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Repossession victims to be given two-year payment holiday

The Prime Minister Gordon Brown has unveiled a two-year deferment of mortgage interest payments for borrowers who face unemployment.

The deferment of mortgage interest payments for two years will apply to properties worth a maximum of £400,000.

The eight largest UK lenders have so far signed up to the plan – these include HBOS, Nationwide, Abbey, Lloyds TSB, Northern Rock, Barclays, Royal Bank of Scotland and HSBC.

But the list does not include the sub-prime lenders who are often quickest to repossess when arrears mount up.

In addition to an existing agreement that all lenders will not repossess for the first three months of arrears, three lenders have also now agreed not to repossess for six months.

Along with RBS, government owned lenders Northern Rock and Bradford & Bingley have also agreed to give struggling borrowers a stay of execution.

Brown says: “I urge all responsible banks to follow this example.”

The government is also offering free debt advice up and down the country to help borrowers who find themselves’ in financial difficulties get back on track.

The announcement comes as reports in the media state that the CML has privately told government ministers that there could be as many as 75,000 repossessions in 2009.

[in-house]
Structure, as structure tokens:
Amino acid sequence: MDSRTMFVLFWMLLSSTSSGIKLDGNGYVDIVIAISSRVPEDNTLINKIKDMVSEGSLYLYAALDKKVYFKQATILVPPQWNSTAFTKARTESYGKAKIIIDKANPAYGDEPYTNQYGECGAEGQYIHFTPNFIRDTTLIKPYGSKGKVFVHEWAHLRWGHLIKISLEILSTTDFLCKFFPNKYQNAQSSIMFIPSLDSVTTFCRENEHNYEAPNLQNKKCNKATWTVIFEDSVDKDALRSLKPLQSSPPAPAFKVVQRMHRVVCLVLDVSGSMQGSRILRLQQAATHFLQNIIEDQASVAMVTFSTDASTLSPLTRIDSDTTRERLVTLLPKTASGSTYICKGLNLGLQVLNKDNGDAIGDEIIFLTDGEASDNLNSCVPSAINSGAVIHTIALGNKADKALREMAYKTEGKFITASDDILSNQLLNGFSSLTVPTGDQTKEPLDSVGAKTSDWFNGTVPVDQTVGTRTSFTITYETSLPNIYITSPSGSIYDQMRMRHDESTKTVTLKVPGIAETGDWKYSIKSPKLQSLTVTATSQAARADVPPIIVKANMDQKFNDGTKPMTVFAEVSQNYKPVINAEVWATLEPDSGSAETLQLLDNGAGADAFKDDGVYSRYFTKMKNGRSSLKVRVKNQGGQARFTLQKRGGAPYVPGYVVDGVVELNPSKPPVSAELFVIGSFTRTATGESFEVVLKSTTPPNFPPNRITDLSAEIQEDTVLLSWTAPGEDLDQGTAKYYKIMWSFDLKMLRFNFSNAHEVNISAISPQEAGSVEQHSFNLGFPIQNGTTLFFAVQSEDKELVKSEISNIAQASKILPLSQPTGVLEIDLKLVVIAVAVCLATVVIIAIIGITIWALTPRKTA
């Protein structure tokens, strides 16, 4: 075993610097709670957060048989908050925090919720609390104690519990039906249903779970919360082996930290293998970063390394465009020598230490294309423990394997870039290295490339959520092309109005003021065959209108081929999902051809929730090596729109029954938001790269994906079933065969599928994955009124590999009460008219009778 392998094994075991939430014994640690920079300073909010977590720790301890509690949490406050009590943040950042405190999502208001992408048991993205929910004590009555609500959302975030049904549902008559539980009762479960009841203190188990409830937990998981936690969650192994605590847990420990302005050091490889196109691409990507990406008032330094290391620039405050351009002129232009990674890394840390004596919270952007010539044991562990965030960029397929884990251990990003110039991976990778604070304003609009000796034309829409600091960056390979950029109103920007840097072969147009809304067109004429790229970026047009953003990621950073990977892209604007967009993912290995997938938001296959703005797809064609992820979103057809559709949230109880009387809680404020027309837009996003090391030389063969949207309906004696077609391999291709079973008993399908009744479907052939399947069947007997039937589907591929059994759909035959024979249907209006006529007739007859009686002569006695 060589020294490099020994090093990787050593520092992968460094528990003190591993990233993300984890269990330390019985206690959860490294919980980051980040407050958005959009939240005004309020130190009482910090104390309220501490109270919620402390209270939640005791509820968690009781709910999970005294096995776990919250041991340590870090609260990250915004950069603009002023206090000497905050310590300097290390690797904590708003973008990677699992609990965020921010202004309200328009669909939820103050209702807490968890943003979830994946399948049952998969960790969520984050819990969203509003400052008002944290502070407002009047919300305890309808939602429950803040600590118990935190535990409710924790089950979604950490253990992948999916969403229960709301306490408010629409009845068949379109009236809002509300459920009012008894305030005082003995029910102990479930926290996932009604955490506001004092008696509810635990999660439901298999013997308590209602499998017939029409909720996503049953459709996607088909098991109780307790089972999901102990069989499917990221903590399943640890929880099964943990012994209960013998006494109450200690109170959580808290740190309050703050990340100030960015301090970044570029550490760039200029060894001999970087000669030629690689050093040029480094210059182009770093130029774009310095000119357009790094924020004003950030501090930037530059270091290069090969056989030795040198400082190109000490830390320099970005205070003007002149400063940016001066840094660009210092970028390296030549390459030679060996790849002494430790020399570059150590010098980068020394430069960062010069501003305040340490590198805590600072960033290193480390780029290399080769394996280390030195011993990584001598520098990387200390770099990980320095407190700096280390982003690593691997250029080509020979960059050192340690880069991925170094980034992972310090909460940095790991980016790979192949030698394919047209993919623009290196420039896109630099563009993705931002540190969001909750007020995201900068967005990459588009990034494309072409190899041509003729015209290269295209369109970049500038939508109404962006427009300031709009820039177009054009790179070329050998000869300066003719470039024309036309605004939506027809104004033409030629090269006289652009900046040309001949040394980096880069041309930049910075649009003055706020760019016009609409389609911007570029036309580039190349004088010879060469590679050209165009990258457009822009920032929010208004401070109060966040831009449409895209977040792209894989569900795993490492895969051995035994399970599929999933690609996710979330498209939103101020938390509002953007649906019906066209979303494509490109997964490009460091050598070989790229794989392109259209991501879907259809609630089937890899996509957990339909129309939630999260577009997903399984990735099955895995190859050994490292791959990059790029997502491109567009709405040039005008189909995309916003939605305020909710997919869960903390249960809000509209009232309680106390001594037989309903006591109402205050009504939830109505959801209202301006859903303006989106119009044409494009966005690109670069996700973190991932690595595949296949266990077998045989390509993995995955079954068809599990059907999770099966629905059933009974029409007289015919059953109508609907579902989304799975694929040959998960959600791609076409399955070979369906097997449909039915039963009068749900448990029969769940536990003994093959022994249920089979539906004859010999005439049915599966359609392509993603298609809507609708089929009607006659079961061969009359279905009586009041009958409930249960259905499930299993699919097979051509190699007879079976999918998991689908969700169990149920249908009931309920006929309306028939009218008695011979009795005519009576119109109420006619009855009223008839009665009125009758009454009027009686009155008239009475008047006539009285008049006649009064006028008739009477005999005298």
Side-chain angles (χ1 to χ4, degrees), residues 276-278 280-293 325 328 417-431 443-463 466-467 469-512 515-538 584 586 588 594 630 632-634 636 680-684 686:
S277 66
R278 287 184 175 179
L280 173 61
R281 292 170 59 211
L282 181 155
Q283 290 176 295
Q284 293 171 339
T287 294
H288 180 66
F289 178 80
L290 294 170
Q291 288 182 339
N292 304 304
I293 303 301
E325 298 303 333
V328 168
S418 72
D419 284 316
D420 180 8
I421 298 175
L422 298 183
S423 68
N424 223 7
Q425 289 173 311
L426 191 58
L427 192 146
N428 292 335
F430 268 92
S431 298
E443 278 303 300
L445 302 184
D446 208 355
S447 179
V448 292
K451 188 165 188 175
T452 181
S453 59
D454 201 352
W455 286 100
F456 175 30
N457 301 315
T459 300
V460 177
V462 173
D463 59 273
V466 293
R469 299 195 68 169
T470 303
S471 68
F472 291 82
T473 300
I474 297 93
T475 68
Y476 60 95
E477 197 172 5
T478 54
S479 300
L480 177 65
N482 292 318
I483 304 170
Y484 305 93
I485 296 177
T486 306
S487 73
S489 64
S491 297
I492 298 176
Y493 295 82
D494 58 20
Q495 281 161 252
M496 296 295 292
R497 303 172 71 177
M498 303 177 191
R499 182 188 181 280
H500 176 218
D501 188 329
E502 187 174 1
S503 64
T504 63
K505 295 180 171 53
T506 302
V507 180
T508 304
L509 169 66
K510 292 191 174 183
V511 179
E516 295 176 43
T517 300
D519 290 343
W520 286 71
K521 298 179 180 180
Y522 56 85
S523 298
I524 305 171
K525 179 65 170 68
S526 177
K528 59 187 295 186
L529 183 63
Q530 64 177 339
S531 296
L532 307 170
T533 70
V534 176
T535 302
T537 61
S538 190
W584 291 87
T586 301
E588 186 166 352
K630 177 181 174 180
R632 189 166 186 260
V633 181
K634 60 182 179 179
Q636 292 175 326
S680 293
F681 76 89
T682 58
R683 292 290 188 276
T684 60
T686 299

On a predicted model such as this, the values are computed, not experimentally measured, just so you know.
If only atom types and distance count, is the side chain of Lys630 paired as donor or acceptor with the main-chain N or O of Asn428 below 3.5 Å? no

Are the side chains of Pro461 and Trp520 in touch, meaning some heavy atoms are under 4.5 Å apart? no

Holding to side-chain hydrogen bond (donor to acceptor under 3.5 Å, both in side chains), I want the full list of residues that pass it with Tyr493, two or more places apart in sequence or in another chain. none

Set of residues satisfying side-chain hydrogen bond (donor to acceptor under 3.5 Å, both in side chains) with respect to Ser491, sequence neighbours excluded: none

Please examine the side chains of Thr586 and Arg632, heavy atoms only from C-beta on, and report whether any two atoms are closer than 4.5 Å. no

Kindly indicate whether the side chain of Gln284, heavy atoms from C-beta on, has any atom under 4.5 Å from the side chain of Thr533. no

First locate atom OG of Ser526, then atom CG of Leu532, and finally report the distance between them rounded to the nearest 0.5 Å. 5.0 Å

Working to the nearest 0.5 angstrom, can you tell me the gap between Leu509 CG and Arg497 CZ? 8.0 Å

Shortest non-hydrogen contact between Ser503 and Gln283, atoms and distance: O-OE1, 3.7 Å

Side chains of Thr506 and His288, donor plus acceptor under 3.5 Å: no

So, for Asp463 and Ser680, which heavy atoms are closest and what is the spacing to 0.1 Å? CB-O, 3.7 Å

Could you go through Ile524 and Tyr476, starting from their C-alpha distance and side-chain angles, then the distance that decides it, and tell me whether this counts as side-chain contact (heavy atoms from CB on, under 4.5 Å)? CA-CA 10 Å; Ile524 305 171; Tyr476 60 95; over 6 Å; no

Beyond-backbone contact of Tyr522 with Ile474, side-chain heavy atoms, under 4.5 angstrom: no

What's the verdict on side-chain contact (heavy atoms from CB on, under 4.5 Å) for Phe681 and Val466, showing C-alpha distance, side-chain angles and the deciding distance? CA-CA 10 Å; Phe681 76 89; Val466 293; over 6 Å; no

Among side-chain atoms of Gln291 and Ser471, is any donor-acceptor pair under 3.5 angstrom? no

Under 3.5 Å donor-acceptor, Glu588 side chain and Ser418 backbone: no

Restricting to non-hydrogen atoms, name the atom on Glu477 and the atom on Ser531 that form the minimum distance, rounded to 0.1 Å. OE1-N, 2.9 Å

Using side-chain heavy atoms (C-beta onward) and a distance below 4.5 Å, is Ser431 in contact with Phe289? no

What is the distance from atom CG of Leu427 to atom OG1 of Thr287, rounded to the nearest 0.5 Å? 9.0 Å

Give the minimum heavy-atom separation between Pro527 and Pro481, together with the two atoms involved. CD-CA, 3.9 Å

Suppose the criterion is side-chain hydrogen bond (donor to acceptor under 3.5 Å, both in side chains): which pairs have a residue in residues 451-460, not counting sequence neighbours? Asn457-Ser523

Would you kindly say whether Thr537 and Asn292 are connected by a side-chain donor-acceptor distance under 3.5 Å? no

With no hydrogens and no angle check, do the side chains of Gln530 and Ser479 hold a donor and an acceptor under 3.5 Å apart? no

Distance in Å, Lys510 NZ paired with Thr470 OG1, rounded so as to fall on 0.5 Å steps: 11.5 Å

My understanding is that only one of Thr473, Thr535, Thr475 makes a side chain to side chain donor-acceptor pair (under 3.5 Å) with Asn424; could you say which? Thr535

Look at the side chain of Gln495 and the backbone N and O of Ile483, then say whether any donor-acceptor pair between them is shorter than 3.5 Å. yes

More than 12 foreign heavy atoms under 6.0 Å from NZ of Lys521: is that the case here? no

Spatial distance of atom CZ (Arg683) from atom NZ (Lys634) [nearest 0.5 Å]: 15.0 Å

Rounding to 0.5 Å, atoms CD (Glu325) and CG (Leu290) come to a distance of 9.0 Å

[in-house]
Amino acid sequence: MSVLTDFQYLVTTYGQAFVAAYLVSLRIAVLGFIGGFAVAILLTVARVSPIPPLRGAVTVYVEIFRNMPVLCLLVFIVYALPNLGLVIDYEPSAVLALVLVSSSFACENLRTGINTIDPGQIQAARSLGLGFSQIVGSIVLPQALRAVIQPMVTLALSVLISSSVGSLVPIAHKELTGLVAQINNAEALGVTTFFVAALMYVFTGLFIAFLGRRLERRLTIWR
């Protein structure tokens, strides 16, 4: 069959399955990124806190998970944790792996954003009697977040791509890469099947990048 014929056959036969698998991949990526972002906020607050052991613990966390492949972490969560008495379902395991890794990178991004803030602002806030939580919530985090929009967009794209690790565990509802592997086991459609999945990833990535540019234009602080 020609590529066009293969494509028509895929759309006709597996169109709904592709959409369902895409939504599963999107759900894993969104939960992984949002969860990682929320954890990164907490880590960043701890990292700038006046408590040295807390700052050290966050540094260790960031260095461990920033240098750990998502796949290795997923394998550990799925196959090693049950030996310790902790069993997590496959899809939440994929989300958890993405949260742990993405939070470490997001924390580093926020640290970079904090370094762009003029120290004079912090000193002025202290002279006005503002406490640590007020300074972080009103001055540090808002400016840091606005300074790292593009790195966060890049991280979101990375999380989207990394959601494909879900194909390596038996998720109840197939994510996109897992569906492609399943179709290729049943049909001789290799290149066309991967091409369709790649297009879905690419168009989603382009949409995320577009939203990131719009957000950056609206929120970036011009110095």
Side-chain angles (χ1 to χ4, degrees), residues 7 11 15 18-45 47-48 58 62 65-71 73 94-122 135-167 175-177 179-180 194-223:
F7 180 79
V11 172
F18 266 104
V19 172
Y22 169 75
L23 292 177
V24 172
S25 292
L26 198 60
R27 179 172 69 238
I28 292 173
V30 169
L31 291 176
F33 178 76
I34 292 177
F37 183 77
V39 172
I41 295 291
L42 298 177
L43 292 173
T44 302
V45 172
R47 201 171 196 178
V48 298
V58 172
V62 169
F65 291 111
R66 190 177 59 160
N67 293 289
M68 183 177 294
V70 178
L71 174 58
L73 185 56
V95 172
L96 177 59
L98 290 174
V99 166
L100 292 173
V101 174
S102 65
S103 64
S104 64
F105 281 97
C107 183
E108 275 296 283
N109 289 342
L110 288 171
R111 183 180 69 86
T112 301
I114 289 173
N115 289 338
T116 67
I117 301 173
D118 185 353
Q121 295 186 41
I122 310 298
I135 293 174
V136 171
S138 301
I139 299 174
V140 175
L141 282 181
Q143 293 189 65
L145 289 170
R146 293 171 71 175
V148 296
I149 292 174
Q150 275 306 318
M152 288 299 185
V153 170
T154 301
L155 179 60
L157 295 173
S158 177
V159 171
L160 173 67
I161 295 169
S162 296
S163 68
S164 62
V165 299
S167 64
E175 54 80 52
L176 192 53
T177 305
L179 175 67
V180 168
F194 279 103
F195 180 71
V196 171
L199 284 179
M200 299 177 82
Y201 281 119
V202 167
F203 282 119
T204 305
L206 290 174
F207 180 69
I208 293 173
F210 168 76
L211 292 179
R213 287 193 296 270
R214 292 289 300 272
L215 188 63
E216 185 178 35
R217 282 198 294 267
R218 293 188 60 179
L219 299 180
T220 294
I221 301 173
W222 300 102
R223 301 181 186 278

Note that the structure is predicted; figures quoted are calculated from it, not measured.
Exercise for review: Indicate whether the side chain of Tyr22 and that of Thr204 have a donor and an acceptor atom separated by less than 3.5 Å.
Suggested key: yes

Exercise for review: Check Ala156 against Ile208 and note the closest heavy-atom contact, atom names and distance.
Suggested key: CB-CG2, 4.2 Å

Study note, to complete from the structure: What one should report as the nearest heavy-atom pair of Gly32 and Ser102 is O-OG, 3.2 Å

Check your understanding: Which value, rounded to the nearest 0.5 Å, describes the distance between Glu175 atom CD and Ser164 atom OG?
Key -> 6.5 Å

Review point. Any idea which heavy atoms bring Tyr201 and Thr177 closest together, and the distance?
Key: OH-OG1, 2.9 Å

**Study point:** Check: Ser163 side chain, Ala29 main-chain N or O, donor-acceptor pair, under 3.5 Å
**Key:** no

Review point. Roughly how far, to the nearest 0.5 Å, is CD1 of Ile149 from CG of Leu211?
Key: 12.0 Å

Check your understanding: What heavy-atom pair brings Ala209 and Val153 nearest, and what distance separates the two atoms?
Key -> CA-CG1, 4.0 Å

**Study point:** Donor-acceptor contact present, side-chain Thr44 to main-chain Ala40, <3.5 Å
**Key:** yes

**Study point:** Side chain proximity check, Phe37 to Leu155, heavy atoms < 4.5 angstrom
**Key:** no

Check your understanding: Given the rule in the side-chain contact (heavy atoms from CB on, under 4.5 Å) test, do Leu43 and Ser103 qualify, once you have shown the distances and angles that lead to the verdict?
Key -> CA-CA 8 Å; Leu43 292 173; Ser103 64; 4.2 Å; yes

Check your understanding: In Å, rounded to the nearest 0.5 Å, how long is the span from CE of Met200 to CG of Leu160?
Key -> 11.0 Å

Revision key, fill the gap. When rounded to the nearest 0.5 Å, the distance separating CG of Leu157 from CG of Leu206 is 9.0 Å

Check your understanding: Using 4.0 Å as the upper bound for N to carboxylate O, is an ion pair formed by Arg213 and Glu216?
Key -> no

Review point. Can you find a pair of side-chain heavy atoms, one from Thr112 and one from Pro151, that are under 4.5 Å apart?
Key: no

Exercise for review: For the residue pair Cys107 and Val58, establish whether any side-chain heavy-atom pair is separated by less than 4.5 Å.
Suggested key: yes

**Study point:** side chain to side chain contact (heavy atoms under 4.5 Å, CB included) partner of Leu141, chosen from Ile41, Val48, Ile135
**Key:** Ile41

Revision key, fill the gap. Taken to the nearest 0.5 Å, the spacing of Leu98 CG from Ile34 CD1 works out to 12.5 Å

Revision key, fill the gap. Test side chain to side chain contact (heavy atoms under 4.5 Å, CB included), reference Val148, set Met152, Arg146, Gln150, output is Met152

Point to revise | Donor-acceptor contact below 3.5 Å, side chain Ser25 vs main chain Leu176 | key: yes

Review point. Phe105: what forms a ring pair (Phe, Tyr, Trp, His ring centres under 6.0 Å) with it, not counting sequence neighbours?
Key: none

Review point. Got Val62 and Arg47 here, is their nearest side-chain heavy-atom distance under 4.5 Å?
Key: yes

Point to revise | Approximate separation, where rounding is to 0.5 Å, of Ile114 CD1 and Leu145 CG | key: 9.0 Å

Michael Coogan, director general of the CML, says: “The government’s recognition that it needs to offer increased support to help keep more people in their homes is welcome, and we will work with ministers to make sure the suggested scheme will help in practice.

“In my speech at our annual conference yesterday, I emphasised our preference for changes to widen income support for mortgage interest and wider ranging mortgage rescue proposals.

“We await further information on the proposed guarantee, as the devil will be in the detail.”

And Peter Williams, executive director of the Intermediary Mortgage Lenders Association, praised the deferment of interest payments as a good example of a creative solution devised by both the government and the lending industry.

He says: “IMLA looks forward to taking a proactive role in working out the details of the scheme with lenders and with government, enabling unpaid rolled up interest to benefit from a government guarantee so that borrowers will remain secure in their homes.”


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